Optimal Player Count/Replayability

This is one that I would play with four or less usually. Like I mentioned before, once you get an idea of what you want to do in your head, such as move to an area and start producing metal and then deploy a mech, well, that’s what you want to do! BUT, in game terms that’s at MINIMUM three different actions or turns. So, to do that you MOVE, wait till your next turn, PRODUCE, wait, DEPLOY. HOWEVER, it’s usually not that fast since you need multiple resources to deploy a mech. So, you end up producing more workers, moving them, etc. etc. That part can be a bit of a drag, especially in the early stages of a game. Eh, it’s all a part of the ultimate engine building within this game. You start out slowly at first and ramp up over time. I just wish there was SOMETHING the other players could be doing during this time as well to give everyone some agency and keep them occupied. There is also a solo game automa that is built in but to be honest I still haven’t played it yet. I suspect it’s good as most of Stonemaiers Automas are excellently built. The two player game works out really nicely, although there is even LESS player interaction as you now have the entire board to explore with less players to hinder your plots. Of course there is still ONLY ONE Factory to gain so that will eventually lure everyone that direction.

Replayability is very high. There are five different factions with unique abilities, a variety of encounter cards to discover, unique Factory cards and even slightly different player boards. Each player board has a slight variance on the upgrade costs and actions between them. Meaning one player may be able to build a building cheaper than another player etc. This kinda steers players into a specific direction and causes them to focus, which is what you want to do if you want to win anyway. On top of all that, every time you deploy a new mech from your player board, it unlocks a new faction specific unique skill. You may not even unlock all four of your mechs in a game so these little surprises are always fun and exciting. Let me just say, you could play this game many times over and still be surprised at what you find.

Positive Final Thoughts

This is a great game! It’s got a lot of meat with a pretty simple action selection mechanism. The fun for me comes from the upgrading you can do on your player board over time. Slowly putting out buildings which uncover new abilities or resources. Building mechs with opens up a world of possibilities with abilities and main board expansion. Upgrading to make everything cheaper to craft up or even just gaining extra resources on other players turns when they take a specific action. It’s all good. It’s thinky….but not TOO thinky.

Negative Final Thoughts

I would say there is very little negative I have about this one. My biggest qualm is the lack of player interaction, especially early game. You are mostly competing on the tracks, but more of a race of keeping up with everyone else’s efficiency than anything else. Higher player counts increase downtime BUT lower player counts decrease player interaction even more. So, you will probably want to stay at the 3-4 player count on this one.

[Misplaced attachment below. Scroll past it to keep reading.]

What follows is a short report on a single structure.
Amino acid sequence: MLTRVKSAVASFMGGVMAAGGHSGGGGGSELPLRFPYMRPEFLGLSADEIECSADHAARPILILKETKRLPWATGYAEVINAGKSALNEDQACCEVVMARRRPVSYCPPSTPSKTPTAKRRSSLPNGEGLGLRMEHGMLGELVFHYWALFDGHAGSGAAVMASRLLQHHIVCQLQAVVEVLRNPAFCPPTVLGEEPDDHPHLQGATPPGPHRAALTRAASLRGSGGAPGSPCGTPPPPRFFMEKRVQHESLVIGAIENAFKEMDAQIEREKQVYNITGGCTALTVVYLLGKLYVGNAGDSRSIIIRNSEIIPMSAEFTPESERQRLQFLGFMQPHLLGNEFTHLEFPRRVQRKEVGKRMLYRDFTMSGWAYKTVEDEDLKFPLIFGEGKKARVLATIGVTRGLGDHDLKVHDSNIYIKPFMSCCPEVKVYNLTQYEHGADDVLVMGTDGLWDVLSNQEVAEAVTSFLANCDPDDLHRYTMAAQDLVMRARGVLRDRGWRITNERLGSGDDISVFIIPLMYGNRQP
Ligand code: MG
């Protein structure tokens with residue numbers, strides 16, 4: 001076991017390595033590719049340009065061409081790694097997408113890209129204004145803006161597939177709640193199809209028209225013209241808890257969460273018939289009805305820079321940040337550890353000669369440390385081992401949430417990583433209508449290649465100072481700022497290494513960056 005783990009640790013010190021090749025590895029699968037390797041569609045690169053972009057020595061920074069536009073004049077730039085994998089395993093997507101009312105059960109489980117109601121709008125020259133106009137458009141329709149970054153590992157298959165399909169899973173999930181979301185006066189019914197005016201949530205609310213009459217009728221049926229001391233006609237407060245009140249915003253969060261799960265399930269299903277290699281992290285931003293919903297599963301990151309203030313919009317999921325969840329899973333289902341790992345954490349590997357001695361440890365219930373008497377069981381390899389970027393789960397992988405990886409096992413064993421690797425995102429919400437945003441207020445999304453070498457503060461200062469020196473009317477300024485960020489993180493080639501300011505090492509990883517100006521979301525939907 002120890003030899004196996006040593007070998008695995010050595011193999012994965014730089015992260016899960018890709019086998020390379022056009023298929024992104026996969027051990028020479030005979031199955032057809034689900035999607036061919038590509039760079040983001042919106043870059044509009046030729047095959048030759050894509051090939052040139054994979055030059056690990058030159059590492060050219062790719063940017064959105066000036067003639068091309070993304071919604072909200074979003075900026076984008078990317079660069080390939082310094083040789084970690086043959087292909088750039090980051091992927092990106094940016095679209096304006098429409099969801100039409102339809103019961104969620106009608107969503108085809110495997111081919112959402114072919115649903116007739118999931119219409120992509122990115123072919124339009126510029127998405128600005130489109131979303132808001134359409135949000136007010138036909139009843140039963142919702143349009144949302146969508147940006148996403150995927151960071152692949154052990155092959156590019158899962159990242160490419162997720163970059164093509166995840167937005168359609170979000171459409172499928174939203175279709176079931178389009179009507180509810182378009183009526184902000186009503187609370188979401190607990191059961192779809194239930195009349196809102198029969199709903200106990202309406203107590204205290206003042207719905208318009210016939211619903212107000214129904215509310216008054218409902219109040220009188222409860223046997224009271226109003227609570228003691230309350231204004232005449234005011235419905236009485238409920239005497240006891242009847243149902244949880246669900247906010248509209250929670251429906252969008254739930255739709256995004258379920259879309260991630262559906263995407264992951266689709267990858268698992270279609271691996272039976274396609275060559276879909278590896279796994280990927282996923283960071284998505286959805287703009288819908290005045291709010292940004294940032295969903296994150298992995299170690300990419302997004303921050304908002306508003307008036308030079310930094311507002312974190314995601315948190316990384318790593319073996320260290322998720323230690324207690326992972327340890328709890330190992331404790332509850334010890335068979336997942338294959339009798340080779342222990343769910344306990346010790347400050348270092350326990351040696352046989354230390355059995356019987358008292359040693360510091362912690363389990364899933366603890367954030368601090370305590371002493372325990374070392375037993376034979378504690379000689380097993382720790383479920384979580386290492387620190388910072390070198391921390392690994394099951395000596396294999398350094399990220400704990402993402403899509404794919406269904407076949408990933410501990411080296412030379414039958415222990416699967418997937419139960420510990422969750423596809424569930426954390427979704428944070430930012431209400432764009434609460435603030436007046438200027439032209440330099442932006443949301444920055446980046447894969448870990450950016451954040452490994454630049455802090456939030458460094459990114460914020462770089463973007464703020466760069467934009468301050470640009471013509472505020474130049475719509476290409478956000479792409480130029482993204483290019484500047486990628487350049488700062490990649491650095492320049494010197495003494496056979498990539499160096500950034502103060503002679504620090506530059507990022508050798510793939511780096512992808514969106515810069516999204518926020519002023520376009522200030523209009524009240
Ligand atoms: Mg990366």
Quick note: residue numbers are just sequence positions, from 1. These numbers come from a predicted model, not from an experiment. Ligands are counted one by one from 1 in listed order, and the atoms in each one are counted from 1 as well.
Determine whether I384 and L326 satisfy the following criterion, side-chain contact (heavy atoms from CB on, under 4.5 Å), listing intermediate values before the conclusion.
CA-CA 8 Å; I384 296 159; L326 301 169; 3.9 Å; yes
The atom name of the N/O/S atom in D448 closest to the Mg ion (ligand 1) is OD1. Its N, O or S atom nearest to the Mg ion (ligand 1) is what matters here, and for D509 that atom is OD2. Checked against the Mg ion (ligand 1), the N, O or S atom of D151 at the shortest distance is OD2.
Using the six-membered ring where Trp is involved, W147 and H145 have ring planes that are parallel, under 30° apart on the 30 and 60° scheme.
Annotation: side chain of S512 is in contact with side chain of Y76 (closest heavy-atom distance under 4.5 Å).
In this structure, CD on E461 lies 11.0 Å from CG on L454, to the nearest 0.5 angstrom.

The Bottom Line

It’s great! As long as you don’t go into this one expecting large amounts of battles, because there aren’t. The military units are more a DETERRENCE to battle than anything. If you enjoy a nice resource management/Action selection game with a very generous upgrade over time style, you will love this one! That said, players will primarily have their heads down purveying their own player boards rather than up interacting with the other players during a typical game.

The Fuzzy Llama Silver Seal of Distinction


Realistic Resource Tokens

I recently acquired the Realistic Resource Token expansion (thank you Stonemaier Games for providing!) and have to say….WOW! So, these babies replace the already nice wooden components in the game and are of an even higher quality than I was expecting. Seeing the pictures really doesn’t do these tokens the justice they deserve. The wood, oil and grain tokens are a very nice hefty resin and painted up to look great. The metal bars are legit metal and are the most impressive of the components in this bag. They have a nice shiny metallic paint job and even have little notches in the metal design that give them a more realistic look. Moreover, they are HEAVY giving them an even more premium/realistic feel.

Comparison between the Realistic vs Standard

Now, I played umpteen million games of Scythe using the standard tokens and being fine with them. Never even really thinking they needed upgrading, which is a testament to how nice the components are already. BUT, if you are like me and go wild for upgraded anything with your board games, then I guarantee you will not be disappointed with these upgraded tokens. To be honest, I’ve now been eyeballing the metal coin upgrade to spruce the game up even more……